In mathematics, the notion of a divisor originally arose within the context of arithmetic of whole numbers. With the development of abstract rings, of which the integers are the archetype, the original notion of divisor found a natural extension.

Divisibility is a useful concept for the analysis of the structure of commutative rings because of its relationship with the ideal structure of such rings.

## Definition

Let R be a ring,[a] and let a and b be elements of R. If there exists an element x in R with ax = b, one says that a is a left divisor of b and that b is a right multiple of a.[1] Similarly, if there exists an element y in R with ya = b, one says that a is a right divisor of b and that b is a left multiple of a. One says that a is a two-sided divisor of b if it is both a left divisor and a right divisor of b; the x and y above are not required to be equal.

When R is commutative, the notions of left divisor, right divisor, and two-sided divisor coincide, so one says simply that a is a divisor of b, or that b is a multiple of a, and one writes ${\displaystyle a\mid b}$. Elements a and b of an integral domain are associates if both ${\displaystyle a\mid b}$ and ${\displaystyle b\mid a}$. The associate relationship is an equivalence relation on R, so it divides R into disjoint equivalence classes.

Note: Although these definitions make sense in any magma, they are used primarily when this magma is the multiplicative monoid of a ring.

## Properties

Statements about divisibility in a commutative ring ${\displaystyle R}$ can be translated into statements about principal ideals. For instance,

• One has ${\displaystyle a\mid b}$ if and only if ${\displaystyle (b)\subseteq (a)}$.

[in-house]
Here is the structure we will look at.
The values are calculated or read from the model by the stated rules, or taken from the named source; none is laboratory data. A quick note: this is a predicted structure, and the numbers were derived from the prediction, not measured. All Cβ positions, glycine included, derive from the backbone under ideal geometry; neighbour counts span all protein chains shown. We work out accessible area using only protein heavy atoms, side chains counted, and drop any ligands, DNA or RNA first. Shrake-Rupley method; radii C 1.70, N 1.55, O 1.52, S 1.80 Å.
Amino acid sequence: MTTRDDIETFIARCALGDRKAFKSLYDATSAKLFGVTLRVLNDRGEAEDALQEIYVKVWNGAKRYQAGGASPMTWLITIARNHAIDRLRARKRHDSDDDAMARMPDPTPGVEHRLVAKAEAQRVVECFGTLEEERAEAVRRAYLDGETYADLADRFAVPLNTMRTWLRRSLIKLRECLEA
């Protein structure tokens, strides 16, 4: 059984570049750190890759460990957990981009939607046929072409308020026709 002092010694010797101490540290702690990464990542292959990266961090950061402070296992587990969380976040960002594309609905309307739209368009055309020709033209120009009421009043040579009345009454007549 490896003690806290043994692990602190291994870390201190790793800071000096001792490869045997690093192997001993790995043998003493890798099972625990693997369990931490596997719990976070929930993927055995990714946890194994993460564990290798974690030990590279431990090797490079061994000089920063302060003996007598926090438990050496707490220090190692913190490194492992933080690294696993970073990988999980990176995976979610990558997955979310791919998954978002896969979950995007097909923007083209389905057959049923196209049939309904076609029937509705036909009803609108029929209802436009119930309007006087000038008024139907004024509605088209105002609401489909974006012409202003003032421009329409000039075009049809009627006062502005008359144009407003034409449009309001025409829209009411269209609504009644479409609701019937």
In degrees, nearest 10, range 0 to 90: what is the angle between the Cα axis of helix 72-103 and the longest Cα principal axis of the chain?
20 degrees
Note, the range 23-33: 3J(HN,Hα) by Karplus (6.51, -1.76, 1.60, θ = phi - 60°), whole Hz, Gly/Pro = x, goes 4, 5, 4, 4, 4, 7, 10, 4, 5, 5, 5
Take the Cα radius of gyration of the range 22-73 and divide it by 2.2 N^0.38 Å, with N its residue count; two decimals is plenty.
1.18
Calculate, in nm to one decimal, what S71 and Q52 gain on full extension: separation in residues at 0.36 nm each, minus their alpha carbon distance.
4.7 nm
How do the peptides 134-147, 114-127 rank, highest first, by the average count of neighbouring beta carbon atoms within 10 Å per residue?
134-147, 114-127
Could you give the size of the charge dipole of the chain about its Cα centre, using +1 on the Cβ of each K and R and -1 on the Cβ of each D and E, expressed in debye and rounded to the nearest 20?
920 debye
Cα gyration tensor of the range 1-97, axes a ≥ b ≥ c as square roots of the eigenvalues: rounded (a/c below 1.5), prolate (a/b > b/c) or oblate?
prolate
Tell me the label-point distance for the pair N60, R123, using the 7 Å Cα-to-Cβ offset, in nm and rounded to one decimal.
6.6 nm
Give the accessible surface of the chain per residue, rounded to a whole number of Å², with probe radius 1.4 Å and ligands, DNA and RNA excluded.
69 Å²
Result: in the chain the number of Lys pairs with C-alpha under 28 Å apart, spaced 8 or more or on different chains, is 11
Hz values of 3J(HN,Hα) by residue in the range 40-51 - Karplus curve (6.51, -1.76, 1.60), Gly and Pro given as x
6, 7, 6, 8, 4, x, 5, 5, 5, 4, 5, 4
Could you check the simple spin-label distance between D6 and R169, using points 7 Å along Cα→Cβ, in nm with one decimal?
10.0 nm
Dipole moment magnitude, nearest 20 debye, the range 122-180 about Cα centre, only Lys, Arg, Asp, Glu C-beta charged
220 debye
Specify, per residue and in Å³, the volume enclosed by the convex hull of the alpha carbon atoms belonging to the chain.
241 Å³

• Elements a and b are associates if and only if ${\displaystyle (a)=(b)}$.
• An element u is a unit if and only if u is a divisor of every element of R.
• An element u is a unit if and only if ${\displaystyle (u)=R}$.
• If ${\displaystyle a=bu}$ for some unit u, then a and b are associates. If R is an integral domain, then the converse is true.
• Let R be an integral domain. If the elements in R are totally ordered by divisibility, then R is called a valuation ring.

In the above, ${\displaystyle (a)}$ denotes the principal ideal of ${\displaystyle R}$ generated by the element ${\displaystyle a}$.

## Zero as a divisor, and zero divisors

• If one interprets the definition of divisor literally, every a is a divisor of 0, since one can take x = 0. Because of this, it is traditional to abuse terminology by making an exception for zero divisors: one calls an element a in a commutative ring a zero divisor if there exists a nonzero x such that ax = 0.[2]
• Some texts apply the term 'zero divisor' to a nonzero element x where the multiplier a is additionally required to be nonzero where x solves the expression ax = 0, but such a definition is both more complicated and lacks some of the above properties.

## Notes

1. ^ In this article, rings are assumed to have a 1.

## Citations

1. ^ Bourbaki 1989, p. 97
2. ^ Bourbaki 1989, p. 98

## References

• Bourbaki, N. (1989) [1970], Algebra I, Chapters 1–3, Springer-Verlag, ISBN 9783540642435